3. 3. White Paper: Business Intelligence or Data Mining? Executive Summary Executive Summary Many large organisations use business intelligence systems to monitor a wide range of key business performance indicators at corporate, divisional, departmental and business unit levels. These systems rely on pre defined extracts and summaries of data, and are limited when in depth, dynamic analysis of very large quantities of detailed transaction data is required. Successful businesses continuously look for areas where they could improve performance by monitoring, reviewing and analysing the information extracted from the data produced through their day to day operations. Most modern businesses have data warehouses and reporting systems which provide the basis for monitoring their regular activity answering questions about sales, customers, marketing, finance, personnel, etc. However, for applications such as retail loss prevention, fraud detection, financial risk analysis, and marketing analytics the ability to combine extensive domain knowledge with the ability to dynamically analyse and “mine” very large quantities of raw data is a fundamental requirement. This kind of deeper, investigative, “train of thought” type analysis relies on the ability to identify seemingly random patterns from hundreds of millions of individual pieces of data. Traditional business intelligence and reporting tools are designed to identify “exceptions” based on a set of rules. This approach is effective if you know what you are looking for. However, when trying to identify new trends, spending patterns, or in the case of identifying for example fraudulent refund abuse, it’s what you don’t already know that has the most value. The objective of this White Paper is to evaluate the relative effectiveness of using conventional business intelligence techniques versus a content specific data mining technology to support comprehensive loss prevention within a large retail environment. IntelliQ’s RetailKey LP solution is the UK market leader in the provision of retail loss prevention software. By combining over 15 years experience together with it “best of breed” data mining technology, RetailKeyLP provides loss prevention teams with a very powerful, easy to use business tool that not only helps drive loss out of the business but delivers a consistent return on investment year on year. Some of the UK’s largest retailers use RetailKey LP including John Lewis Partnership, Argos, Homebase, B&Q, Carphone Warehouse, New Look and many more. © IntelliQ July 2006 Page 3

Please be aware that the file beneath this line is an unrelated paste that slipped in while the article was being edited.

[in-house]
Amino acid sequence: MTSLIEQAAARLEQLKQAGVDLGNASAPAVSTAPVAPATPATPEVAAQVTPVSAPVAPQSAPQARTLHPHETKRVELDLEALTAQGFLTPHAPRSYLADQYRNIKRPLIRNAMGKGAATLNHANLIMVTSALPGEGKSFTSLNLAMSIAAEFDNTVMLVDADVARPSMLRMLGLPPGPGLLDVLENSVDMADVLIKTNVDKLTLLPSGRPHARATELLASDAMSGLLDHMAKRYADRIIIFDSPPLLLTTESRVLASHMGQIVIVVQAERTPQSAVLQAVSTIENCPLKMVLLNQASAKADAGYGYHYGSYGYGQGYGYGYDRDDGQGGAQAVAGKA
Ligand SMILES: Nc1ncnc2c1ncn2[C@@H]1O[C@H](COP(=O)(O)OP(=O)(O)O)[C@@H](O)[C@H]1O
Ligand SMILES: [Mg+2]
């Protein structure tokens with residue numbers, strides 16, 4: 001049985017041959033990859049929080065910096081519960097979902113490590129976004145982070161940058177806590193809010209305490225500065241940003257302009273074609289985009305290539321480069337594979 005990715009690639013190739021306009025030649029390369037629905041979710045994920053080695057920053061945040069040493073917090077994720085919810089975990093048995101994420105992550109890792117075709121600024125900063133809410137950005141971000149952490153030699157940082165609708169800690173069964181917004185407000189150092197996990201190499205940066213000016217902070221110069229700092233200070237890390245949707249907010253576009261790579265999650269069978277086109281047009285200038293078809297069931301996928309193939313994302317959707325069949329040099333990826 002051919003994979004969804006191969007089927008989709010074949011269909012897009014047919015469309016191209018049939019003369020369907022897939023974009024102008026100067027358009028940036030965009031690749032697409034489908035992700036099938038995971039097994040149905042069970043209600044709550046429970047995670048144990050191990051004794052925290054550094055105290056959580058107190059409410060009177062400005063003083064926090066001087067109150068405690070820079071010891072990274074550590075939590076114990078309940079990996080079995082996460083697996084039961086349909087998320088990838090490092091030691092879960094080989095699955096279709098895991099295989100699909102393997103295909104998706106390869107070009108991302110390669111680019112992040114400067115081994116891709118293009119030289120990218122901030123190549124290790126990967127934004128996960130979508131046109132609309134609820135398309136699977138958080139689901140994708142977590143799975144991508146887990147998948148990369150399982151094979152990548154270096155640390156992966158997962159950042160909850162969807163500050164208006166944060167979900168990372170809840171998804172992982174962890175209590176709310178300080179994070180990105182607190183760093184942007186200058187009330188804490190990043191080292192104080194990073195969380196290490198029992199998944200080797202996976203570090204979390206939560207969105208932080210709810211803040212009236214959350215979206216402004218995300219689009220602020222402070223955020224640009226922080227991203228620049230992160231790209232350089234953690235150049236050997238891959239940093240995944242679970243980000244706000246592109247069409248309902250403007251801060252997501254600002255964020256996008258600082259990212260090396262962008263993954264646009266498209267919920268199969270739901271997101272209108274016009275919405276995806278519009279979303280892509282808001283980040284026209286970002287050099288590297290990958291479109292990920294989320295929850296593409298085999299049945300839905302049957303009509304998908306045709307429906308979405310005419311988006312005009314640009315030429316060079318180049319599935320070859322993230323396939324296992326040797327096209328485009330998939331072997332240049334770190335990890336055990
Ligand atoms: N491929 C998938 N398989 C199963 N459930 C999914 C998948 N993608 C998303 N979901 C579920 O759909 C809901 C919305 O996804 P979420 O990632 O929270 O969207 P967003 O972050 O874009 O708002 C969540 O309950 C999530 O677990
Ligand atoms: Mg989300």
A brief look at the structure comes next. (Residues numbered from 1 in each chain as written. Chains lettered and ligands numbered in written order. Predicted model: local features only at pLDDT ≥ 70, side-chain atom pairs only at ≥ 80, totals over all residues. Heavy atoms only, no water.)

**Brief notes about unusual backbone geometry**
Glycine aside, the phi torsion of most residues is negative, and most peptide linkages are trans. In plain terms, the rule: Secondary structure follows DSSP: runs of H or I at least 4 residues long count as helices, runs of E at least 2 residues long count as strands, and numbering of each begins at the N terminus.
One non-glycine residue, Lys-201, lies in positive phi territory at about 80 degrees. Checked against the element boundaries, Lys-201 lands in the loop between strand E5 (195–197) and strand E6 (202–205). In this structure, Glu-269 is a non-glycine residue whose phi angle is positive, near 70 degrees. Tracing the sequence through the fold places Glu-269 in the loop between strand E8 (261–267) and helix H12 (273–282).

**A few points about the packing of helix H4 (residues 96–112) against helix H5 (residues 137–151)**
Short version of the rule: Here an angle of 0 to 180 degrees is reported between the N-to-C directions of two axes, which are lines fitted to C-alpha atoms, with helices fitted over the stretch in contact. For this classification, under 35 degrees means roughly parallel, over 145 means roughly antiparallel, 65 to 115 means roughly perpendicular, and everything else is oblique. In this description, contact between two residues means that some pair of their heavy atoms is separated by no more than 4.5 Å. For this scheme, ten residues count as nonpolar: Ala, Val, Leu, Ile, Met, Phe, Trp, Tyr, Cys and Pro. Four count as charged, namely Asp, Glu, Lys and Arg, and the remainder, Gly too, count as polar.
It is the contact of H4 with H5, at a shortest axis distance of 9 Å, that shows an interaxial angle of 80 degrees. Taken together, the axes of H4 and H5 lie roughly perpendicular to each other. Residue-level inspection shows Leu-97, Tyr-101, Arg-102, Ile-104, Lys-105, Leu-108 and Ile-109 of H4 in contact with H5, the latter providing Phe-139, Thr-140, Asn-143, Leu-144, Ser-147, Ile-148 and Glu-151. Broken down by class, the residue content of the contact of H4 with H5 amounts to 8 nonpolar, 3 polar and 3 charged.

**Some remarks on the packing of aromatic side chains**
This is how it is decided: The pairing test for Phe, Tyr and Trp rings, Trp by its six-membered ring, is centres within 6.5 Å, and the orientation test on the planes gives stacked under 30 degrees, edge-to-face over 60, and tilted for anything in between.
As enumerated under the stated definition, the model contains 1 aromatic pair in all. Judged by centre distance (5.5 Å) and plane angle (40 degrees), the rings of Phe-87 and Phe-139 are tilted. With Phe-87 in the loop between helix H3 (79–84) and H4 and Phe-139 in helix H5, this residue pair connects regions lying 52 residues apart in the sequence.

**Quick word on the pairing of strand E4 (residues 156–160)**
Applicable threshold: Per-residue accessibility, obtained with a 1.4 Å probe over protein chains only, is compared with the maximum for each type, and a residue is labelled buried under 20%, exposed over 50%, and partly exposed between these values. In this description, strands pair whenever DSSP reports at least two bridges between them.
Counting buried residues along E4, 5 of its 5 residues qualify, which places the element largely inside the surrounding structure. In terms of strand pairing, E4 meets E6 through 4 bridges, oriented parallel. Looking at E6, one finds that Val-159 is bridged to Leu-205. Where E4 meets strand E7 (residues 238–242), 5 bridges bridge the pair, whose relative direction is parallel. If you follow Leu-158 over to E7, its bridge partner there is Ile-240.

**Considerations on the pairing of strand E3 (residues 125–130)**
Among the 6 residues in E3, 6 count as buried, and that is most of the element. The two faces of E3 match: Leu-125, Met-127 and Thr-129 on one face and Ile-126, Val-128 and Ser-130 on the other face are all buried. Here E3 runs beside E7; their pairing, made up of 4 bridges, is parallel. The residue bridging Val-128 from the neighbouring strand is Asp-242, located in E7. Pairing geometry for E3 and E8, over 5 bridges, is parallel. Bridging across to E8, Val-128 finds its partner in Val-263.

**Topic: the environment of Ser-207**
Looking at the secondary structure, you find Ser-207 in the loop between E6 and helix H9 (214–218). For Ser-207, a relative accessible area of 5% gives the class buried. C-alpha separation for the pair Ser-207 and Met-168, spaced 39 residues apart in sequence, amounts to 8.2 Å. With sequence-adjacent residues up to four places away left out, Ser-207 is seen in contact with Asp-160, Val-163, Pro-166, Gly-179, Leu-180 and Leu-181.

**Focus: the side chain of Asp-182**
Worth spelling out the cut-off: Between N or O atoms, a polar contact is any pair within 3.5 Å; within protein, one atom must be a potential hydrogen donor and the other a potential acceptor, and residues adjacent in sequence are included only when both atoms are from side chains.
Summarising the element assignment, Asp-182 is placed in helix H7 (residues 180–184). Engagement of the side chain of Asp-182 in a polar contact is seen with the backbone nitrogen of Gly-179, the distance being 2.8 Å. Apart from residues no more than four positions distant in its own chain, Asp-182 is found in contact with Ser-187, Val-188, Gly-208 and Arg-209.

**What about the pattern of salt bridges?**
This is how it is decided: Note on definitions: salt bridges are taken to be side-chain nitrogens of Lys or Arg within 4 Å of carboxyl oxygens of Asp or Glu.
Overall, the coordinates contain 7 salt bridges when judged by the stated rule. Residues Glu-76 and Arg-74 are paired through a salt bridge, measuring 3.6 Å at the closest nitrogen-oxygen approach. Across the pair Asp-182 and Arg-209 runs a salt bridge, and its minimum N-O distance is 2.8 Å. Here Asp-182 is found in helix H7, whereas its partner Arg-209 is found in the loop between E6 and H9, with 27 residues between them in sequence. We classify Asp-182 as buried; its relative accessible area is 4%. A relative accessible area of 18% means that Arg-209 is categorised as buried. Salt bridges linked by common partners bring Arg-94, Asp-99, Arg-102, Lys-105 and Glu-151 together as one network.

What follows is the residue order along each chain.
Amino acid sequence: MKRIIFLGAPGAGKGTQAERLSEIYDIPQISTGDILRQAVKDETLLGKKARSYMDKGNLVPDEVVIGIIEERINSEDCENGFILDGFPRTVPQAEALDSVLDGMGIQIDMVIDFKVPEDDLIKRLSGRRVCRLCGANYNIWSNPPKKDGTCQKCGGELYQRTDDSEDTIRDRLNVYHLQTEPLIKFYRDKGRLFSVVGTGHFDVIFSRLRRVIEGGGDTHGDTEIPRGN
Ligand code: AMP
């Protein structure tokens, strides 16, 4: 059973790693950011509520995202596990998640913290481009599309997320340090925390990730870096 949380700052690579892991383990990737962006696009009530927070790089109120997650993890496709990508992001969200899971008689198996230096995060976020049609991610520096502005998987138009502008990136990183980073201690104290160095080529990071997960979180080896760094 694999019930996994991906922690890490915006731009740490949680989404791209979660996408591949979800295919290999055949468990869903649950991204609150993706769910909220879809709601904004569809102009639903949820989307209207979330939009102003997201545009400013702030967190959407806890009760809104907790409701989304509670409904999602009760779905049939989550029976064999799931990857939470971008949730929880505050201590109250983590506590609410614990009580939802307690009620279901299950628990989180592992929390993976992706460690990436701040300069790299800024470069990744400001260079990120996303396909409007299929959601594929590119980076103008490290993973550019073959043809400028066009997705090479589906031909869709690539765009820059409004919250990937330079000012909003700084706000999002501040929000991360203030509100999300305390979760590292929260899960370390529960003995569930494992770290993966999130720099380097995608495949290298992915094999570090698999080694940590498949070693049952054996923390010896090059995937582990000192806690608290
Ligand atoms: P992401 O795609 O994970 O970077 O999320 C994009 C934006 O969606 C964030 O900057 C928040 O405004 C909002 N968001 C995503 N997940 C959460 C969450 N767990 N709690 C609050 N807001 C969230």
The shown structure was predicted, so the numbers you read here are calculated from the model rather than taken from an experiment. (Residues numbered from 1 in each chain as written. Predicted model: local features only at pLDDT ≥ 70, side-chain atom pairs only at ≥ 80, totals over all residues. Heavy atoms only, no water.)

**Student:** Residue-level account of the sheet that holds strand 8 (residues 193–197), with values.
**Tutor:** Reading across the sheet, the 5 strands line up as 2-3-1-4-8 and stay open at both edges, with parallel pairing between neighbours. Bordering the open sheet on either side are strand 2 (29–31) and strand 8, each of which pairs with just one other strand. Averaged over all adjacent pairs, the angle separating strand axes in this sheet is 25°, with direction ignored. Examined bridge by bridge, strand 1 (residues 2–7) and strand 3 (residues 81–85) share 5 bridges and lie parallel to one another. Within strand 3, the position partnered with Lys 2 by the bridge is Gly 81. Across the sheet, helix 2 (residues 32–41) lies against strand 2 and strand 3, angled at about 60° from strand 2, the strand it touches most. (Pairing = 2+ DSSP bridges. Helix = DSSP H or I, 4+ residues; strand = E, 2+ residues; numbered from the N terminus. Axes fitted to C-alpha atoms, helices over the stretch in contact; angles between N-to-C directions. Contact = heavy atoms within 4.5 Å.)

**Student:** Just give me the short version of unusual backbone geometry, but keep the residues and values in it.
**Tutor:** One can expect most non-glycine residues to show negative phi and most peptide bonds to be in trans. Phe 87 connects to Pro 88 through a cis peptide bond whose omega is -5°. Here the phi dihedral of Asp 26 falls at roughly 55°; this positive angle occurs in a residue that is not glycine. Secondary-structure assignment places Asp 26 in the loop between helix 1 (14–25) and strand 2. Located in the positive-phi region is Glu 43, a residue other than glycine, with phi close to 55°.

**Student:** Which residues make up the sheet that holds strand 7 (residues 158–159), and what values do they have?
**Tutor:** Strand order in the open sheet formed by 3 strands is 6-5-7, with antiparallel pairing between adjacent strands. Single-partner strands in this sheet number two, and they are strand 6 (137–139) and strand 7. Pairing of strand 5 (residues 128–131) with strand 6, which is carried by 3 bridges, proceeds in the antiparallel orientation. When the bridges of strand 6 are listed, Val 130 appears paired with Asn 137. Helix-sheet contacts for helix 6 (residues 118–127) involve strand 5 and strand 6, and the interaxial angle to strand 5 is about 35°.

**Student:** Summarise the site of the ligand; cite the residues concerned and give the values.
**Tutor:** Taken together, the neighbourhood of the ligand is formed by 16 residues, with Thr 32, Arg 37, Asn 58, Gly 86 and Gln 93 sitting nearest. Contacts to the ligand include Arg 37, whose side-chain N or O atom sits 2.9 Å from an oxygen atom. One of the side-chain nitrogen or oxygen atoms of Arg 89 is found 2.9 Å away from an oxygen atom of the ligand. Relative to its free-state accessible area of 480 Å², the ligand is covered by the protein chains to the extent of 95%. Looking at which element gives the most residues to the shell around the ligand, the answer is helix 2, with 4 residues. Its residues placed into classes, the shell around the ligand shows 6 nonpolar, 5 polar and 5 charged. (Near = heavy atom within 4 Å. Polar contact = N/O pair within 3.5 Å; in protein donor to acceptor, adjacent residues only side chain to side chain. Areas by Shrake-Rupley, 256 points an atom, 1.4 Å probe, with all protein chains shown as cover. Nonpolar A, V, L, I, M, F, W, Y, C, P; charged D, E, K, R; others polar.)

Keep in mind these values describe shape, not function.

4. 4. White Paper: Business Intelligence or Data Mining? The Problem The Problem It is useful at this point to draw the distinction between most conventional business intelligence systems, and data mining. The former provide query and reporting against selected, and often highly summarised and pre aggregated data that enable managers to monitor business performance (e.g. give me a breakdown of last month’s sales by region). They provide facilities to drill down to more detail (e.g. give me a breakdown of last month’s sales by salesman in the poorest performing region), but are not designed, as is data mining, for rapid, ad hoc analyses of large amounts of complete, detailed transaction data to seek new trends or patterns to provide new insight. Whereas most business intelligence systems concentrate on monitoring "business as usual" and highlight only those exceptions which can be expected from time to time, data mining in its true form is invaluable for aiding the detection of non obvious, unexpected or abnormal events. Managers will also find that while their query and reporting system reports the symptoms of some problems, they do not have the ability to uncover their underlying causes. The Technical Challenge Data Model Although most large companies have invested in corporate business intelligence systems, there are some challenging technical issues to be overcome if software solutions are to be effective for organisations that transact with their customers in large volumes (retailers, financial services, telecoms, etc.). First there are the sheer volumes involved millions or even billions of sales, thousands of products, hundreds of thousands of credit/debit cards, hundreds of stores and thousands of cashiers. More than that, a key technical issue is the huge number of possible relationships between all these entities. Database size is not the only factor that determines the speed with which a query can be resolved. Performance will also be strongly affected by the number and types of “joins” between related data – for example between sales, stores and products. This is best illustrated with an example based on the kinds of volumes found in a large retailer. Suppose the retailer knows from its business performance reports that it is losing a percentage of its profits, and suspects that some part of this is through fraudulent activity. It is interested in analysing refunds for fraud activity (notice we are already making a pre determination that this is where the problem lies). In a given year there are one million refunds through the 500 stores. A simple report with a breakdown of refunds by store requires only a summary table of 500 rows of data not difficult. But this is too coarse an analysis stores are different sizes, and fraud may be "networked" across several stores. So we need to find the patterns that exist in the © IntelliQ July 2006 Page 4